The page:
One Week into Social Distancing: Update on COVID-19

By March 23, 2020 News

What is social distancing? 

According to the Centers for Disease Control and Prevention (CDC), social distancing means remaining out of congregate settings (crowded public places where close contact with others may occur, such as shopping centers, movie theaters, stadiums), avoiding mass gatherings, and maintaining distance (approximately 6 feet or 2 meters) from others when possible. These steps have been recommended in order to lessen one’s chances of catching COVID-19.

Other examples of social distancing that allows people to avoid larger crowds or crowded spaces include, but are not limited to:

  • Working from home instead of at the office
  • Closing schools or switching to online classes
  • Visiting loved ones by electronic devices instead of in person
  • Cancelling or postponing conferences and large meetings

Remember that social distancing is different from self-quarantine and isolation. People who have been exposed to COVID-19 and are at risk for coming down with it may practice self-quarantine. The CDC recommends that self-quarantine lasts 14 days. Self-quarantine involves washing your hands frequently and practicing standard hygiene, not sharing things like towels and utensils, staying at home, not having visitors, and staying at least 6 feet away from other people in your household. For people who are confirmed to have COVID-19 through testing, isolation is the recommendation. This means keeping people who are infected with a contagious illness away from those who are not infected. Isolation can take place at home, hospital, or a care facility. Special personal protective equipment (PPE) needs to be used to care for these patients in health care settings.

What is “flattening the curve?”

Coined by the CDC, this term refers to the implementation of protective practices to slow the rate of COVID-19 infection, in order to ensure that hospitals and health care facilities have enough room, supplies, and health care providers for all patients who need care. A large number of people becoming very sick over the course of a few days can potentially overwhelm a hospital or health care facility, as we have seen in other countries already. Too many people becoming severely ill with COVID-19 at the same time can result in a shortage of hospital beds, equipment, and providers.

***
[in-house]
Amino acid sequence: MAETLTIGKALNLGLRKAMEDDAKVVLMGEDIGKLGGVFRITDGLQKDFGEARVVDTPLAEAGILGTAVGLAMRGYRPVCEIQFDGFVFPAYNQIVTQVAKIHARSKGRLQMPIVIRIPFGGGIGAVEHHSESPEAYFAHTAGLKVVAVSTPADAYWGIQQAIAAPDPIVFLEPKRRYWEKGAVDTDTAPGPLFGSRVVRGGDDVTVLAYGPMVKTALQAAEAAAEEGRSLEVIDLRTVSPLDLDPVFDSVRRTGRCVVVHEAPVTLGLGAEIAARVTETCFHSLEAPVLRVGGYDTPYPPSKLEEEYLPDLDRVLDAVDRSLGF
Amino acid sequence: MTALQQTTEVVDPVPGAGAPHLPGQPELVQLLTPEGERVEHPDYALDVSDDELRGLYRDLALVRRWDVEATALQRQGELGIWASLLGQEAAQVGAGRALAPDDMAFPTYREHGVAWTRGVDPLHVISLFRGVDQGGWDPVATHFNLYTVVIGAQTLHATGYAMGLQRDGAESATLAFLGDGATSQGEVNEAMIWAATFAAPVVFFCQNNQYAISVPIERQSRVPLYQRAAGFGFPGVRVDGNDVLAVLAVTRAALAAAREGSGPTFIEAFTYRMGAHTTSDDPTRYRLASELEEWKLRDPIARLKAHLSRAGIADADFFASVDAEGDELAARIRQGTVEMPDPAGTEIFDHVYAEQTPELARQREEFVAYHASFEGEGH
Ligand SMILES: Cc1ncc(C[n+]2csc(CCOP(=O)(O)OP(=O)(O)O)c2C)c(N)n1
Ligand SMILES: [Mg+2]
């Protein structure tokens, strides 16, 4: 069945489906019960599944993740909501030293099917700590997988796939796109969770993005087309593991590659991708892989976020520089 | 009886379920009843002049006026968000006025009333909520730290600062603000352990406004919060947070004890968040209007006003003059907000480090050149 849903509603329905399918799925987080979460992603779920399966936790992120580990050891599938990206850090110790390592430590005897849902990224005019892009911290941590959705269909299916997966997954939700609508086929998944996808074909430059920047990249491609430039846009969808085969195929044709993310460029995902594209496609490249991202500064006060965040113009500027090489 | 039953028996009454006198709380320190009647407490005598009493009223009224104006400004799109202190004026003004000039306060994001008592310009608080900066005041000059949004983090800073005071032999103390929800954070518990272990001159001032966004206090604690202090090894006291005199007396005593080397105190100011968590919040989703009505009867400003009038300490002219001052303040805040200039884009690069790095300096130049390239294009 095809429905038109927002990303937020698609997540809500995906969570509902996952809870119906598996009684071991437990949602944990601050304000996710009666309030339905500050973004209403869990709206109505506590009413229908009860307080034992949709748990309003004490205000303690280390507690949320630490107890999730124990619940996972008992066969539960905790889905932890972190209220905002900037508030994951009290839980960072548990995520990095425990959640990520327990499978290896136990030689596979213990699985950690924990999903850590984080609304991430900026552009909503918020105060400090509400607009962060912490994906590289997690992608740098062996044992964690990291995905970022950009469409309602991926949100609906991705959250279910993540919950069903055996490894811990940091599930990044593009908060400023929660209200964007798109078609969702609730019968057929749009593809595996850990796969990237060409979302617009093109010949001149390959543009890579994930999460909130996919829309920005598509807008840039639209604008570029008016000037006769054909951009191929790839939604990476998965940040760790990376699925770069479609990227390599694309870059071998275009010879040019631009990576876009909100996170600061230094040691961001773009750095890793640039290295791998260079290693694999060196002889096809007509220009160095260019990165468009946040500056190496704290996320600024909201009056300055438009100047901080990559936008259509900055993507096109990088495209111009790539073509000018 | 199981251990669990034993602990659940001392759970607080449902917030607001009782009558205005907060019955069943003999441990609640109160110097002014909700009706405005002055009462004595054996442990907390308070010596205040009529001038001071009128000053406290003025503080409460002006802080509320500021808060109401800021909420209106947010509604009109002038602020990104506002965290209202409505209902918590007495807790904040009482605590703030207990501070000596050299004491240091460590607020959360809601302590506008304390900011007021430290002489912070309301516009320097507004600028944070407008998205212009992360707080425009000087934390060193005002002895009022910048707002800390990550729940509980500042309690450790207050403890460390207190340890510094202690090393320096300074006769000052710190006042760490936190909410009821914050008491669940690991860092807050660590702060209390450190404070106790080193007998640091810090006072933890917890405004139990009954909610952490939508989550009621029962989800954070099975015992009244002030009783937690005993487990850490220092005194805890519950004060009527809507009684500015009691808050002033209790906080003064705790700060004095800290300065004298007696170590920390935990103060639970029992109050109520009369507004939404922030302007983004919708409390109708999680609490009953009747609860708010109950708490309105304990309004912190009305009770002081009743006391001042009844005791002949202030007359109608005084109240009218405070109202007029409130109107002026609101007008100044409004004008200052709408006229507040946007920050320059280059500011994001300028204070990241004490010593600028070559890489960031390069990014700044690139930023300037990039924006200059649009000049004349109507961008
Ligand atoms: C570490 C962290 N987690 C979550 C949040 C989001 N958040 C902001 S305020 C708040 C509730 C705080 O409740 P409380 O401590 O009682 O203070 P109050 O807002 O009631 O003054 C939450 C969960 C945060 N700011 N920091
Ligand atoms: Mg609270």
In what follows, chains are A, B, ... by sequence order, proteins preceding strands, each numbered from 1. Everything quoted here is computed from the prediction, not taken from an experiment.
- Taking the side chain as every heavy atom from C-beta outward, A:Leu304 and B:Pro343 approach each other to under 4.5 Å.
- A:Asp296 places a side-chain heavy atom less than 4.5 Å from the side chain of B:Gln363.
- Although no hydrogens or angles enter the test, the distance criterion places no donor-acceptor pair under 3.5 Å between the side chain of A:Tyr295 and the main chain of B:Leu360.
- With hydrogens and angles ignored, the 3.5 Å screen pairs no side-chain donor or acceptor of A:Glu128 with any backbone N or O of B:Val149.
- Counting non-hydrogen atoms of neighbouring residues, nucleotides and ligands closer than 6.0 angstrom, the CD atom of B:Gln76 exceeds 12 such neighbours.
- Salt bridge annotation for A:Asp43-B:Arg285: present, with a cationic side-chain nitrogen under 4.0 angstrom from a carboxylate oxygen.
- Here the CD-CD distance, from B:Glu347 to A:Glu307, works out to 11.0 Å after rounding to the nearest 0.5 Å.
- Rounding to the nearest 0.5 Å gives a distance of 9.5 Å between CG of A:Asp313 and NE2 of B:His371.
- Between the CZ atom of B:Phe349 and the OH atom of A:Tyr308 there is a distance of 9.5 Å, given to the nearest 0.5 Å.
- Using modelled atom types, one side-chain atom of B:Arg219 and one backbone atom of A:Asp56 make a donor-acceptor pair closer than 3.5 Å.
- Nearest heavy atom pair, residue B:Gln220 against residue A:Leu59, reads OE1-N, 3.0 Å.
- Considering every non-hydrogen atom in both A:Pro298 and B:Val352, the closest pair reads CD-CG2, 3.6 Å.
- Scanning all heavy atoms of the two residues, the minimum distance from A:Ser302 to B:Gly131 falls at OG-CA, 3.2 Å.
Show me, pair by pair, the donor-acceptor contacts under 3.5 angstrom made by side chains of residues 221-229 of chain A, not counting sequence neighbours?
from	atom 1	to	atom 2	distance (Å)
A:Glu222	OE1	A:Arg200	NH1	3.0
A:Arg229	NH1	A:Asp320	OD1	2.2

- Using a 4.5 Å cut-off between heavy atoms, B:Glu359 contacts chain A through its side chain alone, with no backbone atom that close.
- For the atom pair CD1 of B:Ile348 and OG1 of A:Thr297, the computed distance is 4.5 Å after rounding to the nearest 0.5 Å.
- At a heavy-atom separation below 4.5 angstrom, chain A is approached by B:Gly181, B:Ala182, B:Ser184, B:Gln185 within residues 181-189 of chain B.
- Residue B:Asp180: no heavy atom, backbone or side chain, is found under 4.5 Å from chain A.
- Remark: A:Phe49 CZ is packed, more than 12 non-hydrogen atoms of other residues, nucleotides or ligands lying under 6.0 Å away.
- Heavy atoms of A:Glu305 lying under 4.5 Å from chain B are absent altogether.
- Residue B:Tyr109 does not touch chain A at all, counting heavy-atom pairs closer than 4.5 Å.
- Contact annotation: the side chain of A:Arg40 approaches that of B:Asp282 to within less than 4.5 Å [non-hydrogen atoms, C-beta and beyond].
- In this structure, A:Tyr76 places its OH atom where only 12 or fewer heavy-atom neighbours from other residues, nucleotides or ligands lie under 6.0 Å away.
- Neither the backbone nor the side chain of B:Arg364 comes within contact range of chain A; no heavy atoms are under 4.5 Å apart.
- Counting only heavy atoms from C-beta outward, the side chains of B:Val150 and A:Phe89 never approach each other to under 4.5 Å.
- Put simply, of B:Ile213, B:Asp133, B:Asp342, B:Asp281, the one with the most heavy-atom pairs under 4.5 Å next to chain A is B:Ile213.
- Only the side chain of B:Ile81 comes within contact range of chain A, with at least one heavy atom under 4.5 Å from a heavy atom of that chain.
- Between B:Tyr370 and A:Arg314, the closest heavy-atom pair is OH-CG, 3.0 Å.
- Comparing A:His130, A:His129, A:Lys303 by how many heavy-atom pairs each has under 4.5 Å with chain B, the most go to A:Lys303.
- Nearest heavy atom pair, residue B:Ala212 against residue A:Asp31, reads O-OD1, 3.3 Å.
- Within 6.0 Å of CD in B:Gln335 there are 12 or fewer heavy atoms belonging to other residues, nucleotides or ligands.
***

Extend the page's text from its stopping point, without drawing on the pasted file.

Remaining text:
On the contrary, if that same large number of people became sick at a slower rate, over the course of several weeks, the line on the graph would be a longer, flatter, curve. In this case, there is a better chance of the hospital being able to keep up with adequate supplies, beds, and health care providers to care for them.

At this time, our practice has decided to postpone appointments that are not urgent, including routine physicals. Other general consultations and illnesses will first be evaluated via a virtual visit, which includes, but is not limited to: phone call, text, FaceTime, or video chat. Our goal as a practice is to make sure our patients follow the practice of social distancing, and to stay at home as much as possible. This pandemic can be overwhelming, but every person can help slow down the spread of COVID-19. By doing your part, you can make a big difference to your health and the health of others around you.